The Paramount Chief of the Nungua Traditional Area, Oboade Notse King Odaifio Welentsi III, has called on the Supreme Court to give a clear and conclusive interpretation of the laws of the country regarding lesbian, gay, bisexual, transgender and queer Individual (LGBTQI) rights to help bring finality to the ongoing debate on the subject.
Oboade Welentsi III said the debate on LGBTQI was getting “irritating” and had reached the point deserving of a “final” decision.
In a statement issued to the media last week, Oboade Welentsi III, who is also the President of the Nungua Traditional Council, said he had observed in the last decade the discussion on the rights of the LGBTQI community had attracted different opinions stemming from law, religious, faith, culture, politics and sheer logic.
“As a people governed by law, we seem to be confused and divided with these divergent opinions,” he said.
He added that “legal brains always disagree with each other though they all quote the same law (section 104 (1) (b) Criminal offences Act) believed to be against LGBTQI in Ghana.”
Oboade Welentsi III said the time was right for the Supreme Court to bring finality to the matter.
“Till date the highest judicial body (the Supreme Court) which has the power of interpreting the Constitution or case laws has not on its own, come out to give a clear interpretation of what this law means.
“The closest attempt was in 2012 when the Constitutional Review Committee (CRC) created in 2010 to collate public views to review the 1992 Constitution, recommended the country’s SC should rule on whether the country should legalise same-sex acts,” he said.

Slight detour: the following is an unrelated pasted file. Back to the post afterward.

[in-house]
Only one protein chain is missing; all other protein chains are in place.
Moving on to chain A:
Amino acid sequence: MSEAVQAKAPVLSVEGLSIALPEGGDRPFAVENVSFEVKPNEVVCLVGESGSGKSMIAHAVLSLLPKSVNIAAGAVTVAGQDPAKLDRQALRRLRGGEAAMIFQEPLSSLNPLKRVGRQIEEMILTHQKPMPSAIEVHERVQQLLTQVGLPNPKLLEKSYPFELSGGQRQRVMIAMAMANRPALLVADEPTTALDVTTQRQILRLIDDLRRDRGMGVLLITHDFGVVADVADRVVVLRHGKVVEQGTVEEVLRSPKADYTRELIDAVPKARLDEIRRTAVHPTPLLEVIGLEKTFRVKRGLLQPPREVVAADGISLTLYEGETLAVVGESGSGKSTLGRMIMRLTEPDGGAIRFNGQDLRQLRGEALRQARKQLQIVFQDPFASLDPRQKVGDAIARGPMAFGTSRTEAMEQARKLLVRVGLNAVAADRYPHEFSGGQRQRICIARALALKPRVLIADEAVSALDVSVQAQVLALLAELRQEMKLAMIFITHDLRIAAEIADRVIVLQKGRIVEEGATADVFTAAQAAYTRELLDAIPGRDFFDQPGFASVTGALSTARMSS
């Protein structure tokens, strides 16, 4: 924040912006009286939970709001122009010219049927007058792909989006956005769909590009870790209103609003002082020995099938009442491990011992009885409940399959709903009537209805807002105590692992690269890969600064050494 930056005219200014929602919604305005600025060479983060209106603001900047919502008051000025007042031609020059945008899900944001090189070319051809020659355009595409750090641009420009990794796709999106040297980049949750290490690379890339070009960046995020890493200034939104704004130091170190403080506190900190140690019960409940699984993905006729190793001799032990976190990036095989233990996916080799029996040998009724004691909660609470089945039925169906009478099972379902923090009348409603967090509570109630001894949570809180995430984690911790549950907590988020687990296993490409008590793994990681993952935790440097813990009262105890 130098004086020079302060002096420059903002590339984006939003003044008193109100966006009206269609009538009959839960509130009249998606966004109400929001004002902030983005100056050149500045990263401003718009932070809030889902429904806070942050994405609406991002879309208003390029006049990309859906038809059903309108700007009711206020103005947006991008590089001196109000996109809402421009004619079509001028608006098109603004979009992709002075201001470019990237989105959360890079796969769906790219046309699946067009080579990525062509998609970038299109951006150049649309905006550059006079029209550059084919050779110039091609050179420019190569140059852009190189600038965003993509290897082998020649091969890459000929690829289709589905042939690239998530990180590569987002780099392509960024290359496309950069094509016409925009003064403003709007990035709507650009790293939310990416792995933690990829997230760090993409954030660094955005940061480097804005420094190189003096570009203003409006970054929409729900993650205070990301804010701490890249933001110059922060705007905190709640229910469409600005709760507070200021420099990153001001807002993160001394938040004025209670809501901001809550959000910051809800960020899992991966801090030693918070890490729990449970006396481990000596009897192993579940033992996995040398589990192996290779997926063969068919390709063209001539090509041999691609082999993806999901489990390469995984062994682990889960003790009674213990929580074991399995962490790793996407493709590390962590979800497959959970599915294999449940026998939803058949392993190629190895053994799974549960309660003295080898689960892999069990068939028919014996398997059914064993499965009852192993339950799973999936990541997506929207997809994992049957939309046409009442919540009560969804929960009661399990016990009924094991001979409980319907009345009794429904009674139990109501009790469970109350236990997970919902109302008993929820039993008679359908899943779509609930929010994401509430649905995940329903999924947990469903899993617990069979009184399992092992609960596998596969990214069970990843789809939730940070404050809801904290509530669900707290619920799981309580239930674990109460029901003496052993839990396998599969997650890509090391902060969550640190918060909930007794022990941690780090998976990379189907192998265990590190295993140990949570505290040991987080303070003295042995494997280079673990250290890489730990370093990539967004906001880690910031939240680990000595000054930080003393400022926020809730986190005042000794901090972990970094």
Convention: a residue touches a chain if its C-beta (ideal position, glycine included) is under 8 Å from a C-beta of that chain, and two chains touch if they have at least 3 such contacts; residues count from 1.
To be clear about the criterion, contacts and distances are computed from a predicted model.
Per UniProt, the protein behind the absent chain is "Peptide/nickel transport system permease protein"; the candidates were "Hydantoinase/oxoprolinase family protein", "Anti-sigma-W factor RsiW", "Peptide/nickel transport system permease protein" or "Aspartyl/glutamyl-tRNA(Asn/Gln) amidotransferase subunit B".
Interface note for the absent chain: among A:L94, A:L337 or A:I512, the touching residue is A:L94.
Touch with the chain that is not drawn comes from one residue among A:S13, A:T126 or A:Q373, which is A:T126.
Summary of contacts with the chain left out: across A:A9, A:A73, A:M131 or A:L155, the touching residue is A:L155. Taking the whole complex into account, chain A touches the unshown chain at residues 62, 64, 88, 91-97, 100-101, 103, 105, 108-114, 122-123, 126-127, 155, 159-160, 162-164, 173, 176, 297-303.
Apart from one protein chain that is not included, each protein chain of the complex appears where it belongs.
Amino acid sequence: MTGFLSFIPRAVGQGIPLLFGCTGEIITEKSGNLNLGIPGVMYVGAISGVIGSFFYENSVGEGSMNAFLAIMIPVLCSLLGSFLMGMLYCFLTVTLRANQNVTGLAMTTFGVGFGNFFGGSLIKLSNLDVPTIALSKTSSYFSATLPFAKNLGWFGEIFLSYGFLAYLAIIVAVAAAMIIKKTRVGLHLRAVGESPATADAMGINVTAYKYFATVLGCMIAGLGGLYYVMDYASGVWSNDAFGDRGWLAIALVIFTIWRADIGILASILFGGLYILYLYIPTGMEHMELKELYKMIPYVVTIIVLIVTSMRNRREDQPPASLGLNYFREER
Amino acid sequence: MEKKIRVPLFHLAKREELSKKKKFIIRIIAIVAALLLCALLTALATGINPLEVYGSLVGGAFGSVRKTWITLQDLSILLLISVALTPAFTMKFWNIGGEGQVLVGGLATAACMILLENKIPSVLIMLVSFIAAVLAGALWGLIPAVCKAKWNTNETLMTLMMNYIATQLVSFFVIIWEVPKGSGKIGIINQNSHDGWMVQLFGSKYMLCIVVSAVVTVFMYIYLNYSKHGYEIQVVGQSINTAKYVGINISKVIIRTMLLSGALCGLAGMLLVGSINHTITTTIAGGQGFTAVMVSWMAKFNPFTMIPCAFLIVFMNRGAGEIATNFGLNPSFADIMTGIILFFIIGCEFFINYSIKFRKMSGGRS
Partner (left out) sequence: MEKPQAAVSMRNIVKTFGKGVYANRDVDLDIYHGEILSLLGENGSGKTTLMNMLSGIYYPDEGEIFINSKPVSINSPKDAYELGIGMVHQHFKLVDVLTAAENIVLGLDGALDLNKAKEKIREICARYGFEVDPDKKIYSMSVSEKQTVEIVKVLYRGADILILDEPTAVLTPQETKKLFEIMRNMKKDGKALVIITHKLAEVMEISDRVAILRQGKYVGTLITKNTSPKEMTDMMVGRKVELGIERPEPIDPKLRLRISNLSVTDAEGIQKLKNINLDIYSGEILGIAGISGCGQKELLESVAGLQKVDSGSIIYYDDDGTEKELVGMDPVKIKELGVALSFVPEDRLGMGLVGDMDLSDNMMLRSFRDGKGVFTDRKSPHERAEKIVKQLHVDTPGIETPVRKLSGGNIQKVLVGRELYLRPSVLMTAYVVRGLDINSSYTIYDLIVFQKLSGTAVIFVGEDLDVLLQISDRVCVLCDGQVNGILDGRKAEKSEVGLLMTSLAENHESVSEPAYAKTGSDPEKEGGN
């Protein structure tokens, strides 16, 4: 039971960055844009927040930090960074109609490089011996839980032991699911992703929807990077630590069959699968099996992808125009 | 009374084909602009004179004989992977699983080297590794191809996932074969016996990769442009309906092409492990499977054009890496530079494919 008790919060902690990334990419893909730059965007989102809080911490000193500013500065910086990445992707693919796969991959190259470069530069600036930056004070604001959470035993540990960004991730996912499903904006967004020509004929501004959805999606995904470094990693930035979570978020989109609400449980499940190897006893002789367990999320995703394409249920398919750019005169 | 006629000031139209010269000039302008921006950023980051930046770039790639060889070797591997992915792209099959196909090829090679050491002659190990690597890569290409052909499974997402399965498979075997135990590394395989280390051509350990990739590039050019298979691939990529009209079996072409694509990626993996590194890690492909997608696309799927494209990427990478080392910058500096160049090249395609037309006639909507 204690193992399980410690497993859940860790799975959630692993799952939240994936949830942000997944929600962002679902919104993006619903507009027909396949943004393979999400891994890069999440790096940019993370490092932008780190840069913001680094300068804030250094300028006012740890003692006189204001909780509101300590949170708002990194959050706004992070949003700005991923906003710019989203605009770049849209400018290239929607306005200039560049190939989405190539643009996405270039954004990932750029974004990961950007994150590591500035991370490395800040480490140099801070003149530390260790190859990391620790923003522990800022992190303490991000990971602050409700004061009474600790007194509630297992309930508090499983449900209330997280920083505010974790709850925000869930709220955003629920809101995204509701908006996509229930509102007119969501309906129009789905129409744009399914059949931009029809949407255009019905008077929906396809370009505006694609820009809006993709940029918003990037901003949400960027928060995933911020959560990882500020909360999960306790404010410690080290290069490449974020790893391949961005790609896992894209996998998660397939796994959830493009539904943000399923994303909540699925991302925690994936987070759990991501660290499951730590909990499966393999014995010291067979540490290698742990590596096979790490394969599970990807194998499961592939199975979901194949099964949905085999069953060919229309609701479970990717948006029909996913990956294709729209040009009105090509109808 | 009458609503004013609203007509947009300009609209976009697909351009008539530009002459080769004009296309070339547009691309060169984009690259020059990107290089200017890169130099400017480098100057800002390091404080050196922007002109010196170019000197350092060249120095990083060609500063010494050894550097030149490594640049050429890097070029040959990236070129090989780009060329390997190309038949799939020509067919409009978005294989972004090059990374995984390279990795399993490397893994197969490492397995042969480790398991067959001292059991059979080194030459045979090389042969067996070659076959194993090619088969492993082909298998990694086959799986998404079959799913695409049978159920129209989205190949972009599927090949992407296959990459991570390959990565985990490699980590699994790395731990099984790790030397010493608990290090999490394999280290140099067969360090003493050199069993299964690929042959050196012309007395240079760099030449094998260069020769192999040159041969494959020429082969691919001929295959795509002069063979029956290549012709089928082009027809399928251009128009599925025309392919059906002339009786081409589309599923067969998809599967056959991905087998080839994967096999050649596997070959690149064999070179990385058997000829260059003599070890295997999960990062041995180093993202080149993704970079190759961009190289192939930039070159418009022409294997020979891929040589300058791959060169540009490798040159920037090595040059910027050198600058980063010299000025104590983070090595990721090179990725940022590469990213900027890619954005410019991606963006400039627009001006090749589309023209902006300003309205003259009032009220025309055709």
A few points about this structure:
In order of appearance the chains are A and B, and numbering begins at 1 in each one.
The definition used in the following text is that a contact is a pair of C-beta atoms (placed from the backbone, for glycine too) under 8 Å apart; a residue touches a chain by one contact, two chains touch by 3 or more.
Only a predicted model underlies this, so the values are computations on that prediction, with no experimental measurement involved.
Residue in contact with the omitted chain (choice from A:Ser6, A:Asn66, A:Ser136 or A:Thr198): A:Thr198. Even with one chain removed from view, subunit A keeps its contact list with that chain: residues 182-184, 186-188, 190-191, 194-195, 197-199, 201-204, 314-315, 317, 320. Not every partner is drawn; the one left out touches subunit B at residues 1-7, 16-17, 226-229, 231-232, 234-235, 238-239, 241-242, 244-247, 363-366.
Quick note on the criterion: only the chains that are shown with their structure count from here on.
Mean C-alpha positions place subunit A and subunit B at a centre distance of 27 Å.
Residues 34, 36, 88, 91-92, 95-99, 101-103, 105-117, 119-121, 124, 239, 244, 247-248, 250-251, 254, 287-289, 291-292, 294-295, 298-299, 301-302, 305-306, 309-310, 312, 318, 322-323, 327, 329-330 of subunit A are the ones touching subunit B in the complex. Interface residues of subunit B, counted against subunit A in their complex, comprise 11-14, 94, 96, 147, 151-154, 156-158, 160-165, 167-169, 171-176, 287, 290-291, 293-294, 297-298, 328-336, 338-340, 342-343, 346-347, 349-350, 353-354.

He said the CRS report indicated that “It is very probable that a proposal to give some recognition to same-sex relationships in Ghana at this stage will be condemned by a large section of the population in the country — mainly on religious and cultural grounds”.
It said on the other hand, the report said “a suggestion to introduce a provision in the Constitution expressly excluding same-sex marriage in Ghana would be clearly seen by many people in the county and outside of it as a reactionary move not worthy of a progressive state”.
He, therefore, encouraged the SC to follow the United States of America’s SC which, after a quarter-century debating on LGBTQI, delivered a verdict on it in 2020 and gave a clearer interpretation on the subject.
On the personal level, Oboade Welentsi III said “I will fight any law that gives the LGBTQI community or people the right or power to lure non-LGBTQI people into practising the former's sexual orientation”.
However, he said “if the law makes it clear that no one should discriminate against LGBTQI people — by way of denying them employment, accommodation, or their lives and peace of mind, I will embrace such law”.